This last time, I told her, “I won’t give you the opportunity to do this to me again.” I don’t believe that being a “good person,” or a “good Christian,” or a “Good Buddhist,” or simply “good,” requires being a doormat or an idiot. I won’t refuse to help her if she falls down and needs help getting back to her feet, but I’m not going to go out of my way to do her any personal favors anymore, particularly if it means doing any kind of traveling when she won’t even bother to show up.

When I was a little girl, my mother taught me the following prayer to say each night, as I knelt by my bed before going to sleep:

Gentle Jesus, meek and mild,

Look upon this little child,

Pity my simplicity,

Suffer me to come to thee.

Amen.

As an elementary school-aged child, I didn’t understand this prayer. Once I reached adulthood, I reconsidered it and wondered at how anyone could think of Jesus as “meek and mild.” He was bold, engaged, outspoken, dynamic, and though not fearless (as evidenced by his “Father, if you can take this cup away from me” prayer), obviously impervious to that fear. Surely this big, strapping carpenter’s son was not some sniveling, 100-pound weakling-at-the-beach. But this is the image that domineering, manipulative people like to call to mind when you won’t let them walk all over you; and it’s also why many folks tend to eschew “turning the other cheek” in this “dog-eat-dog” world.

As I work to develop compassion, I’ve found that it’s crucial to understand the role of ignorance in the human equation. About a year ago, I was appalled to discover my own ignorance regarding a relationship with a family member some 30 years ago. This understanding has tempered how I view others who try to harm me, especially because the biggest difference between us might be that between the two of us, I, alone, am aware of the disease of ignorance. Perception is everything. My awareness does not make me better than that person – only more fortunate. Often, people don’t realize that the way they treat, or have treated, others has something to do with why their own lives aren’t quite what they’d wish. And I am ever mindful, as so many Buddhas have stated, that “it is a fortunate thing to be born a human.” Just as the Christian Bible reminds us to “work out your salvation with fear and trembling” (Philippians 2:12), so many Buddhas have advised us to do the same.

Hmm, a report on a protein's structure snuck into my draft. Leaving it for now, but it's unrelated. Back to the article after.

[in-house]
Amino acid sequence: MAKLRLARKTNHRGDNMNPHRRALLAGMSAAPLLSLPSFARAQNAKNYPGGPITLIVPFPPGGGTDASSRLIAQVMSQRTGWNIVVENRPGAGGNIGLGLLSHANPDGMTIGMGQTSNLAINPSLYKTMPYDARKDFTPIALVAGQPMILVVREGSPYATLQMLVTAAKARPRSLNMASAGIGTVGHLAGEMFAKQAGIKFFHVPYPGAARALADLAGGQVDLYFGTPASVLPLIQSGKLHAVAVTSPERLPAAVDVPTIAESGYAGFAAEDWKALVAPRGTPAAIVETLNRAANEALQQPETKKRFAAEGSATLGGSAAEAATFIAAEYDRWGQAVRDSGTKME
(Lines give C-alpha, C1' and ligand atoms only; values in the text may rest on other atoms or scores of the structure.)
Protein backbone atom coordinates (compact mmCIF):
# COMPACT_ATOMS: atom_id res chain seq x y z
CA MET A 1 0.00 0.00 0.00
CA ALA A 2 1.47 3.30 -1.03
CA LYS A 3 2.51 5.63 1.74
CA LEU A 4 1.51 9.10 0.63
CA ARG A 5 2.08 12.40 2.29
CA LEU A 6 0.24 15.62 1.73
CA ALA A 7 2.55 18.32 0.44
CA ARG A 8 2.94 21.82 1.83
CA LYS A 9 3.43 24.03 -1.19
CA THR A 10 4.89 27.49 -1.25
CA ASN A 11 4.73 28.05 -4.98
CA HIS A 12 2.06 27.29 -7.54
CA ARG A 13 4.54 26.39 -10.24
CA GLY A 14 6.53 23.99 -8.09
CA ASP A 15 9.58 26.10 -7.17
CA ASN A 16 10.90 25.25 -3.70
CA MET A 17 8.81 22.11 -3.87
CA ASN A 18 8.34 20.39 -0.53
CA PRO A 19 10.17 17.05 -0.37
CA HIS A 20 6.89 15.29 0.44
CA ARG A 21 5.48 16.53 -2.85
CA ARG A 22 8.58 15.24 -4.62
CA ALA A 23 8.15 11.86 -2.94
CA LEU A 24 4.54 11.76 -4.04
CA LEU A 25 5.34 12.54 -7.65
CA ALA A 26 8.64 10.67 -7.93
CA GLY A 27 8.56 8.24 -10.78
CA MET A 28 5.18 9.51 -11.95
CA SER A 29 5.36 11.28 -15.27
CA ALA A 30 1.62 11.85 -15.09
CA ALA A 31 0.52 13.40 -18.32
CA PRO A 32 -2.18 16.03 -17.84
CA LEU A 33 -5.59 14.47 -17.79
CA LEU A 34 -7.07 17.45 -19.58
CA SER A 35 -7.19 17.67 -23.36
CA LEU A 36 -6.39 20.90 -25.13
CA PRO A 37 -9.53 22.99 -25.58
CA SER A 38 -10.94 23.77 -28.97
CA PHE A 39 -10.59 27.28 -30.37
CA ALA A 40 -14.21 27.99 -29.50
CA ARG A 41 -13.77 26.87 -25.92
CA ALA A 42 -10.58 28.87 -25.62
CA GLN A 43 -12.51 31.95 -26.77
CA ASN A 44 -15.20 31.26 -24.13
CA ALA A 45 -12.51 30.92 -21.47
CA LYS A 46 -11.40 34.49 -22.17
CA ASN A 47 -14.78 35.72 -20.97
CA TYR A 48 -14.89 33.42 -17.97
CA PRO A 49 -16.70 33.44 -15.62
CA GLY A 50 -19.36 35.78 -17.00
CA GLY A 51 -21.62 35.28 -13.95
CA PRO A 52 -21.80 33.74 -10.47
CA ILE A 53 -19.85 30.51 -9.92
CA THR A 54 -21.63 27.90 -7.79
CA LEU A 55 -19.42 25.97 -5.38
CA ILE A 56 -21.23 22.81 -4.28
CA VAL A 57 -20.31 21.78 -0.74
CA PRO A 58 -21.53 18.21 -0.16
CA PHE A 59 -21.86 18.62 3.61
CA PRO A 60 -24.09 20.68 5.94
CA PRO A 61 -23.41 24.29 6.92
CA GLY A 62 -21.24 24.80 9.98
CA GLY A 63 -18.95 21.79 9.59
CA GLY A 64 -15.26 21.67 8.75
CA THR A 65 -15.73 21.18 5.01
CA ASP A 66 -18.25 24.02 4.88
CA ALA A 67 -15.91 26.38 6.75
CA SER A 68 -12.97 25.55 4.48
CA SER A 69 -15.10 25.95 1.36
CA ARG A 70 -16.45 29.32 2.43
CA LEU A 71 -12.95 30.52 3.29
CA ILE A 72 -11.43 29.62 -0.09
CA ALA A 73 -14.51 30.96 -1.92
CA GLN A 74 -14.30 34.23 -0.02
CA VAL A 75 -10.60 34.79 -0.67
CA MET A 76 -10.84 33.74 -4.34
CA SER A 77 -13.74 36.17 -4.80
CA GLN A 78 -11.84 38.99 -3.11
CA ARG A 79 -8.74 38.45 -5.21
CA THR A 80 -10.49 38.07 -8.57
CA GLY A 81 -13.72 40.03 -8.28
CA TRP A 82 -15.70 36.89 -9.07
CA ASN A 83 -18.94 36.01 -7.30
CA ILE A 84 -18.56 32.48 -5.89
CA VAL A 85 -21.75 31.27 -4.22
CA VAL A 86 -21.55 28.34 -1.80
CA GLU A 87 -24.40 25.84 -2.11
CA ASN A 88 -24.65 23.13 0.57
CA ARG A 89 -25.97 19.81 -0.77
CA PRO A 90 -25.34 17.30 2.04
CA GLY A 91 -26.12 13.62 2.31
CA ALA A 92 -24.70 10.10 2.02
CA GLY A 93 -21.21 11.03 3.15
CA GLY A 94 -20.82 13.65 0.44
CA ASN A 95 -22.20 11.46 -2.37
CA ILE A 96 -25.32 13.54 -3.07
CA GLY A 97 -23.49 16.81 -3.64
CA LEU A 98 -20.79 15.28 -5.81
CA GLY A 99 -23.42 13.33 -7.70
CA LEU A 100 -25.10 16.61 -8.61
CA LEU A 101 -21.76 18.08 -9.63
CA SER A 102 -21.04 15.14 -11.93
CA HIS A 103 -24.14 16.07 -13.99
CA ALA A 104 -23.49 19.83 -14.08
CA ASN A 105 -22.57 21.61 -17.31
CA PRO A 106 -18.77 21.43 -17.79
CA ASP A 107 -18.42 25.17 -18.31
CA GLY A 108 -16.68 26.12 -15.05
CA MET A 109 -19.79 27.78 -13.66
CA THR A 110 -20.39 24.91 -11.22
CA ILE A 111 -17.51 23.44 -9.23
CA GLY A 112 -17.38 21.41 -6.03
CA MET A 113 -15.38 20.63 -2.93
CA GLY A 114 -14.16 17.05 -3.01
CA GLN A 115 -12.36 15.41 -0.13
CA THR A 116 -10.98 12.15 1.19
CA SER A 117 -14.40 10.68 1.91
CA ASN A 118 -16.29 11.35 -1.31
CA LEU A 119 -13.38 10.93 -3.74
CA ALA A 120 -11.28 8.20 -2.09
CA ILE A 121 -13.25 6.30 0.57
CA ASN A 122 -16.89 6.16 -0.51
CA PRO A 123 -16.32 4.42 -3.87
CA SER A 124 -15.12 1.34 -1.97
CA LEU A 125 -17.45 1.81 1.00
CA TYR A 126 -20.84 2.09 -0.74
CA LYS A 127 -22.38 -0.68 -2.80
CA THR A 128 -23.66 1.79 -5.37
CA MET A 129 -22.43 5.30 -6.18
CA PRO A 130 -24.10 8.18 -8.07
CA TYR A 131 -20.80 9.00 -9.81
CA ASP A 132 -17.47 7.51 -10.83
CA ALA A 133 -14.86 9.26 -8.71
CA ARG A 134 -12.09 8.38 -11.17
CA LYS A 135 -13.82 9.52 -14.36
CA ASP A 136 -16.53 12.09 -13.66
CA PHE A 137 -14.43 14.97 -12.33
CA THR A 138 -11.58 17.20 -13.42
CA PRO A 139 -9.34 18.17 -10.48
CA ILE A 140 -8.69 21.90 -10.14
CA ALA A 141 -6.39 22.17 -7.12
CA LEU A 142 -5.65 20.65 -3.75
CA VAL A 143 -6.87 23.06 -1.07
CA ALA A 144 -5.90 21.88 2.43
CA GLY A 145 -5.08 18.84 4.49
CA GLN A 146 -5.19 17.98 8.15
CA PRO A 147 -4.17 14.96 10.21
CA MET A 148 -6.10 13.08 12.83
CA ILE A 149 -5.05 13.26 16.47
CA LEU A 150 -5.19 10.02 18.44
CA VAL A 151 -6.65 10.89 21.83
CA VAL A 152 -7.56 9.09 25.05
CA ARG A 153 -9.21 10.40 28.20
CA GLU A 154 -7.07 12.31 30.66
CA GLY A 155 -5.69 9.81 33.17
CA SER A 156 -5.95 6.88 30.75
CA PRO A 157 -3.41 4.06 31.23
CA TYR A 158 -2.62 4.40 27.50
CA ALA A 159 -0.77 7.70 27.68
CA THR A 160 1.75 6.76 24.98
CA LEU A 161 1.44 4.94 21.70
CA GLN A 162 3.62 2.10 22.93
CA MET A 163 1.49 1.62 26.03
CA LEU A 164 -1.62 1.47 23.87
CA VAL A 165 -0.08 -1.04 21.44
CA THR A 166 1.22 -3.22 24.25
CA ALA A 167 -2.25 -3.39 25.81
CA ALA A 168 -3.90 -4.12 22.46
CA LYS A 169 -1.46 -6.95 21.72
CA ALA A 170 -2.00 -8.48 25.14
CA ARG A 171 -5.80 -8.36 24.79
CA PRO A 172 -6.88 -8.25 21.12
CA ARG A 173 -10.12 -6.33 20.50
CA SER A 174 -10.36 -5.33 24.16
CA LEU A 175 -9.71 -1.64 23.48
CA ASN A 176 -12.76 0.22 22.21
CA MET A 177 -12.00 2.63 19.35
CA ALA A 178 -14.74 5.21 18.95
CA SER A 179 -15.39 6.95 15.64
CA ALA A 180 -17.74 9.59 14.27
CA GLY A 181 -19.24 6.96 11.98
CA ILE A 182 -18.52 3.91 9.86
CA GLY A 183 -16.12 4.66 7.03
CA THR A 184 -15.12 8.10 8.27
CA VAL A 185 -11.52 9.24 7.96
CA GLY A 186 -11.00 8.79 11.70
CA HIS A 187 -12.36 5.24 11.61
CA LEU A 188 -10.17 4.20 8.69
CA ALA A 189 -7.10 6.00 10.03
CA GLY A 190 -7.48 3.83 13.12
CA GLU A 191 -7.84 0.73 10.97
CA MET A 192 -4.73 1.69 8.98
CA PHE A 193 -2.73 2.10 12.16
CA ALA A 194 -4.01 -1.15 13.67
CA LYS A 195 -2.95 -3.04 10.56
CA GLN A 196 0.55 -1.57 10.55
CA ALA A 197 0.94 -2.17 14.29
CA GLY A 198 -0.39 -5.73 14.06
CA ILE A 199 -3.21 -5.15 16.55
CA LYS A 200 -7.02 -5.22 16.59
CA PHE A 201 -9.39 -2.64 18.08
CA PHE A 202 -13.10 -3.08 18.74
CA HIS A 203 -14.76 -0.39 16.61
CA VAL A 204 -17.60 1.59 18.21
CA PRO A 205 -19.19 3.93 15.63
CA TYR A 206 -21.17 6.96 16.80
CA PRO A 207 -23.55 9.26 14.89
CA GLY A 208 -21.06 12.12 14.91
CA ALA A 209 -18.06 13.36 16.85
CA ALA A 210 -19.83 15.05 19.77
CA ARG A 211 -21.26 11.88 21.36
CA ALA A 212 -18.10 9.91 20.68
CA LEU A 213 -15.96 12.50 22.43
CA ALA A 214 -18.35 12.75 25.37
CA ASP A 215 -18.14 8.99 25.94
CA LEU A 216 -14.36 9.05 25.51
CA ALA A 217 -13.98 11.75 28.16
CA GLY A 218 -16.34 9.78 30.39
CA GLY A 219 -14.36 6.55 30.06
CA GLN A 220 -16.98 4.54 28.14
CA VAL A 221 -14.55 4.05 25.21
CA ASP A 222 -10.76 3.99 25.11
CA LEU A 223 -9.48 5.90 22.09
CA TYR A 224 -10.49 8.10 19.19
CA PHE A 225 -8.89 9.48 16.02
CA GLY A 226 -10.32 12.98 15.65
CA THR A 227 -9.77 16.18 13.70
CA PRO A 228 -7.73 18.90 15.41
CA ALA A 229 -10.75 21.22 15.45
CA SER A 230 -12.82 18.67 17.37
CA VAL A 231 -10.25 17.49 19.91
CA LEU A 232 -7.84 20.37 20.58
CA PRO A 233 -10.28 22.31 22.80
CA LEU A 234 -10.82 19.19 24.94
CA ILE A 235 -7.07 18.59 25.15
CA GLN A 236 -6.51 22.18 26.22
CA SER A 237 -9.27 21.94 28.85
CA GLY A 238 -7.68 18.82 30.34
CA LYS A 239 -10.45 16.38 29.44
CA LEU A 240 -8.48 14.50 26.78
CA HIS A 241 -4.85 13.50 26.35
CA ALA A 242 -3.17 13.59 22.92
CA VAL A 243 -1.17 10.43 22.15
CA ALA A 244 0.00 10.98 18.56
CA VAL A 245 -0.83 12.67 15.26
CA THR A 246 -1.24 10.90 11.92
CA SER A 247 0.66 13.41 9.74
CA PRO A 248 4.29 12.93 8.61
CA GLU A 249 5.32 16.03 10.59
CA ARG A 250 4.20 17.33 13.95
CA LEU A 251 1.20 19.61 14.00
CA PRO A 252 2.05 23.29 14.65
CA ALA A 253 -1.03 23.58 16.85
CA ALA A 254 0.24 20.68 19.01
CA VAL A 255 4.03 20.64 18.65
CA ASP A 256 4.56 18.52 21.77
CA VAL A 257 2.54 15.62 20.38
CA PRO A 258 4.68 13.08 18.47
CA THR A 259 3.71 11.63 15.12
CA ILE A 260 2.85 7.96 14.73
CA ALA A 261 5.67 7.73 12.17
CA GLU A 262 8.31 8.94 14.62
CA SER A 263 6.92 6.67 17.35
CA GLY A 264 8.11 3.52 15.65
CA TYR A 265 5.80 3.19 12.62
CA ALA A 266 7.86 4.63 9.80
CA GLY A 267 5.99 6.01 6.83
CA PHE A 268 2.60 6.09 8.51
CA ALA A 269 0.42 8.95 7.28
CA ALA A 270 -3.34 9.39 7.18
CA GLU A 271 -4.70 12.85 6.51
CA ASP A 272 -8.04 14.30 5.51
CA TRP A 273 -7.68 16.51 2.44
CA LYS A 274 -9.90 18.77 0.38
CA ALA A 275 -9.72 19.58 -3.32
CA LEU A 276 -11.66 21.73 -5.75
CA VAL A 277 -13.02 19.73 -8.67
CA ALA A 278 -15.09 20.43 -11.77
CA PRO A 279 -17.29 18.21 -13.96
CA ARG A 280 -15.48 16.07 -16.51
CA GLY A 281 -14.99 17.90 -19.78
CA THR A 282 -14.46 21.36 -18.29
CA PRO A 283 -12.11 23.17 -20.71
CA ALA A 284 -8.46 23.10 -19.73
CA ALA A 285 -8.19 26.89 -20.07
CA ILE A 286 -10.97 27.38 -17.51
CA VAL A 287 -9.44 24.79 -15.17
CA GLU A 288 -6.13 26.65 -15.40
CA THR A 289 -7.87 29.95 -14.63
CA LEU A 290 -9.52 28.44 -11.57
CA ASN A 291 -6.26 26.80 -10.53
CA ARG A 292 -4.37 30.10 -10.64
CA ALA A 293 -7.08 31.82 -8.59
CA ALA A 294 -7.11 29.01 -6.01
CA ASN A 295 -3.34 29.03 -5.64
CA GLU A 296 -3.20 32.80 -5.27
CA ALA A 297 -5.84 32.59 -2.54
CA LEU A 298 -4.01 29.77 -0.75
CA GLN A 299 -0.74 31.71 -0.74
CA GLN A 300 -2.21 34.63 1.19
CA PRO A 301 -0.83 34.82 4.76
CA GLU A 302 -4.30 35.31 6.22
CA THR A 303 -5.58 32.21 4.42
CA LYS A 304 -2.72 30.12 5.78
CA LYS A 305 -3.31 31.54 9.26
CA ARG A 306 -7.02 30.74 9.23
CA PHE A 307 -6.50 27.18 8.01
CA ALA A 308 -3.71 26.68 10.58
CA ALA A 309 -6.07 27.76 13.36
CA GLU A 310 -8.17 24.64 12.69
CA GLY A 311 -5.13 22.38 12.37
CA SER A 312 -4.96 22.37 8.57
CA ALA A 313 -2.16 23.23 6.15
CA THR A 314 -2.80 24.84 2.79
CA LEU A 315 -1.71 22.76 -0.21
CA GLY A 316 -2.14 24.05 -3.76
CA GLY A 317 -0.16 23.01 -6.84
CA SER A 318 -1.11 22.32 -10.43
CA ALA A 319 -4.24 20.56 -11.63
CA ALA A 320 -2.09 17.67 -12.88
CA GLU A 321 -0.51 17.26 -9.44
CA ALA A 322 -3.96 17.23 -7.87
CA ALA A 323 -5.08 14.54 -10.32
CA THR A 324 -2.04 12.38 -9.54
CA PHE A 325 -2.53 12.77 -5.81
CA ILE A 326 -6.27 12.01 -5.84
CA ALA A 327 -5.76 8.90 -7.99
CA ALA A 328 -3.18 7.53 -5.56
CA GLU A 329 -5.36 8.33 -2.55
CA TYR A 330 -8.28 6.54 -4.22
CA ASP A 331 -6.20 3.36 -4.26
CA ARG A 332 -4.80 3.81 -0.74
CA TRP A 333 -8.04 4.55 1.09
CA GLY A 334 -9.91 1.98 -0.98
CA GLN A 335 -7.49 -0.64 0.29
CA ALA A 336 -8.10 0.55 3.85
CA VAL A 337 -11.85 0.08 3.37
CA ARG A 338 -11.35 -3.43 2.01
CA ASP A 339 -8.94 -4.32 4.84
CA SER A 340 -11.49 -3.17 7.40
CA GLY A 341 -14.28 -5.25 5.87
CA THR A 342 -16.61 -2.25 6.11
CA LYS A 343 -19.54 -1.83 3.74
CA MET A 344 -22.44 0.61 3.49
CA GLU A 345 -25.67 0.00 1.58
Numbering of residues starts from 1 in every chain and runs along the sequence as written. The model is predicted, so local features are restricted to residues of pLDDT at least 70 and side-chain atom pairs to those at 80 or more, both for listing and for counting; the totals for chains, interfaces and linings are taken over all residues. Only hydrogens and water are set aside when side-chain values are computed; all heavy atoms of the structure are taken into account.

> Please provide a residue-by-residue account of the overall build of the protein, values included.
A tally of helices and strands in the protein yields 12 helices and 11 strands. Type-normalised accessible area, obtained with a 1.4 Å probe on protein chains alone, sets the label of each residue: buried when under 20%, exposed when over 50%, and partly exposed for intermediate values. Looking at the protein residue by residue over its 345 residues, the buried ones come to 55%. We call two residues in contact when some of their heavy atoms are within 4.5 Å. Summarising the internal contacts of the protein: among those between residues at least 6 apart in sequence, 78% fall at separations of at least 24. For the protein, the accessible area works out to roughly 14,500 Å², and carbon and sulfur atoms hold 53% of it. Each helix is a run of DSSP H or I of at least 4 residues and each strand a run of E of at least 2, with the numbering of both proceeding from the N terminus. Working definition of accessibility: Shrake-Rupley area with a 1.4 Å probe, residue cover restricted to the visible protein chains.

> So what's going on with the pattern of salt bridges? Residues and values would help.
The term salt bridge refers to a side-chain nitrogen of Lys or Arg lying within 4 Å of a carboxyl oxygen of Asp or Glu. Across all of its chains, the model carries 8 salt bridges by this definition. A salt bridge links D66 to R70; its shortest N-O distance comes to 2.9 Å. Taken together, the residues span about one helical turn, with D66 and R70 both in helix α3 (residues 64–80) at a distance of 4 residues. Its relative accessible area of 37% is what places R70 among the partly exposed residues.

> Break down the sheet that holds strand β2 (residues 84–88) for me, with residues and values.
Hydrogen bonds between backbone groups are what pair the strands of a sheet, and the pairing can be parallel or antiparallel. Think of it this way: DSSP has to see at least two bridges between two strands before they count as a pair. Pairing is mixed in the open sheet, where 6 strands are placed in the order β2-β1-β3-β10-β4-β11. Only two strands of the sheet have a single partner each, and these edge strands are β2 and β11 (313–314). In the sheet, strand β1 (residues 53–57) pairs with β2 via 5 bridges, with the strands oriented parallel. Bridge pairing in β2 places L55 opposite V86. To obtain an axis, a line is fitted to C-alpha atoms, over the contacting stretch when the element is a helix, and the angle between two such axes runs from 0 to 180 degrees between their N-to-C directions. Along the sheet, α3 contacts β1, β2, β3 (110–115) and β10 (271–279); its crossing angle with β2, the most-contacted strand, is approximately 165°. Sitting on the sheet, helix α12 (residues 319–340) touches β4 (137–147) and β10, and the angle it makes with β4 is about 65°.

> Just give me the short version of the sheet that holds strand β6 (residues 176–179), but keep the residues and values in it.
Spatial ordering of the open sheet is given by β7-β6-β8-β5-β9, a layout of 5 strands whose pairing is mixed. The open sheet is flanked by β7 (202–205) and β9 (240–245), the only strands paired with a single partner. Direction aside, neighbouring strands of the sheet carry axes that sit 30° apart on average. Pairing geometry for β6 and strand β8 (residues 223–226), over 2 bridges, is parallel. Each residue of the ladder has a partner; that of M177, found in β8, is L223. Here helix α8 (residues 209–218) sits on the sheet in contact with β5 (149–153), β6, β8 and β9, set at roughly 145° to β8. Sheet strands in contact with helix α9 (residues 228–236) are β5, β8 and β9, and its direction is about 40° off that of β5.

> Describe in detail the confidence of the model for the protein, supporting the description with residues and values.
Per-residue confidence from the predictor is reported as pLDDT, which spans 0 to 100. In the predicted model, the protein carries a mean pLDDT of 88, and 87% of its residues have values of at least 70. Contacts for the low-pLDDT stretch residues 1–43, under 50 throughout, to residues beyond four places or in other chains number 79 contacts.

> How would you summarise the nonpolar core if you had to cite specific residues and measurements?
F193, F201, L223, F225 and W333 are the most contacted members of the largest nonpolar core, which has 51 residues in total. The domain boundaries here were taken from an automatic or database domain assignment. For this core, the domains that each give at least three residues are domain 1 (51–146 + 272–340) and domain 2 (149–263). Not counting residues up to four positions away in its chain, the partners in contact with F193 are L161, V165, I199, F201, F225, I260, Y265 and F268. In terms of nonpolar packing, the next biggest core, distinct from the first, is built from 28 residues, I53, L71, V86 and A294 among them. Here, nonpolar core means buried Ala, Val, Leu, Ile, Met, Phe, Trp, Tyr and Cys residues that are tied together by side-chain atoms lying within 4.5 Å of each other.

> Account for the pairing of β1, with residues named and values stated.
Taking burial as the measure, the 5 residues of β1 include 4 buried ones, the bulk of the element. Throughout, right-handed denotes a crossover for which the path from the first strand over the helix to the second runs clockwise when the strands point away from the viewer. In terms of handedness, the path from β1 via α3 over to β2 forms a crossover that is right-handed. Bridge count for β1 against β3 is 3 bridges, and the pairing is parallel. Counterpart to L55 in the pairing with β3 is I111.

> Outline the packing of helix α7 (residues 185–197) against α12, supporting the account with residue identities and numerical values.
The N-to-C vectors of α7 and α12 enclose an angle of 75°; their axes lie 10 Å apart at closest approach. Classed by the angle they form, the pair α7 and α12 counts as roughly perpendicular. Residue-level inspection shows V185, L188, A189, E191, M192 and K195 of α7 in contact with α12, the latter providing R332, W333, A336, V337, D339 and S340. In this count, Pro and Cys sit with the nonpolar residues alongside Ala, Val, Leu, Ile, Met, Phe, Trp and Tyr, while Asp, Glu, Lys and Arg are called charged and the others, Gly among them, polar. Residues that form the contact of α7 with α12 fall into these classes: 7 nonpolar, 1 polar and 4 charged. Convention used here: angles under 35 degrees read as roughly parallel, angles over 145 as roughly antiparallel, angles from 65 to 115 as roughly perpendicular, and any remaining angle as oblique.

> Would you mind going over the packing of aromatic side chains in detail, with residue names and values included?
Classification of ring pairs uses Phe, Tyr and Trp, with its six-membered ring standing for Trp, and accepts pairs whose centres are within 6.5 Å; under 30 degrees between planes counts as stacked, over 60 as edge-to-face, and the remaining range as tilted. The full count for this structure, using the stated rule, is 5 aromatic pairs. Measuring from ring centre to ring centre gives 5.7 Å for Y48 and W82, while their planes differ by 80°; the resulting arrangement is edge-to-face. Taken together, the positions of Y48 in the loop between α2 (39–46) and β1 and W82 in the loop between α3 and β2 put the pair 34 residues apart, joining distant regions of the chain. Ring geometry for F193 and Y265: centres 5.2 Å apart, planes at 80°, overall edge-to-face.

In his book, Meditation on Perception (2014), Bhante Gunaratana says:

“Under the control of ignorance, our cognitive faculties filter the world in such a way that things that are really impermanent, deficient, empty of self, and repulsive appear to us as their exact opposites: as permanent, as enjoyable, as our true self, and as desirable….Thus we not only conceive things in a distorted manner, but we even perceive the world around us, and most intimately, our own being, as testimony to these flawed notions of permanence, enjoyment, selfhood, and sensual beauty.”

Admittedly, I have problems sending  metta  (lovingkindeness) to some folks. So, all I can do in the present is keep reminding myself that I cannot judge someone for not yet realizing what it took me a good hard 40 years to realize, myself. And this realization requires me first, to have compassion on myself so that I can then extend that same compassion to others. A prime motivation for this is so that I don’t continue a (bad) karmic connection with someone, or create a “new” one (if there’s anything “new” under the sun).

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Related Readings:

The Dhammapada, Chapter 17:227 from Buddha.net

Gunaratana, B. (2014). Meditation on perception: Ten healing practices to cultivate mindfulness. Wisdom Publications: Boston, MA.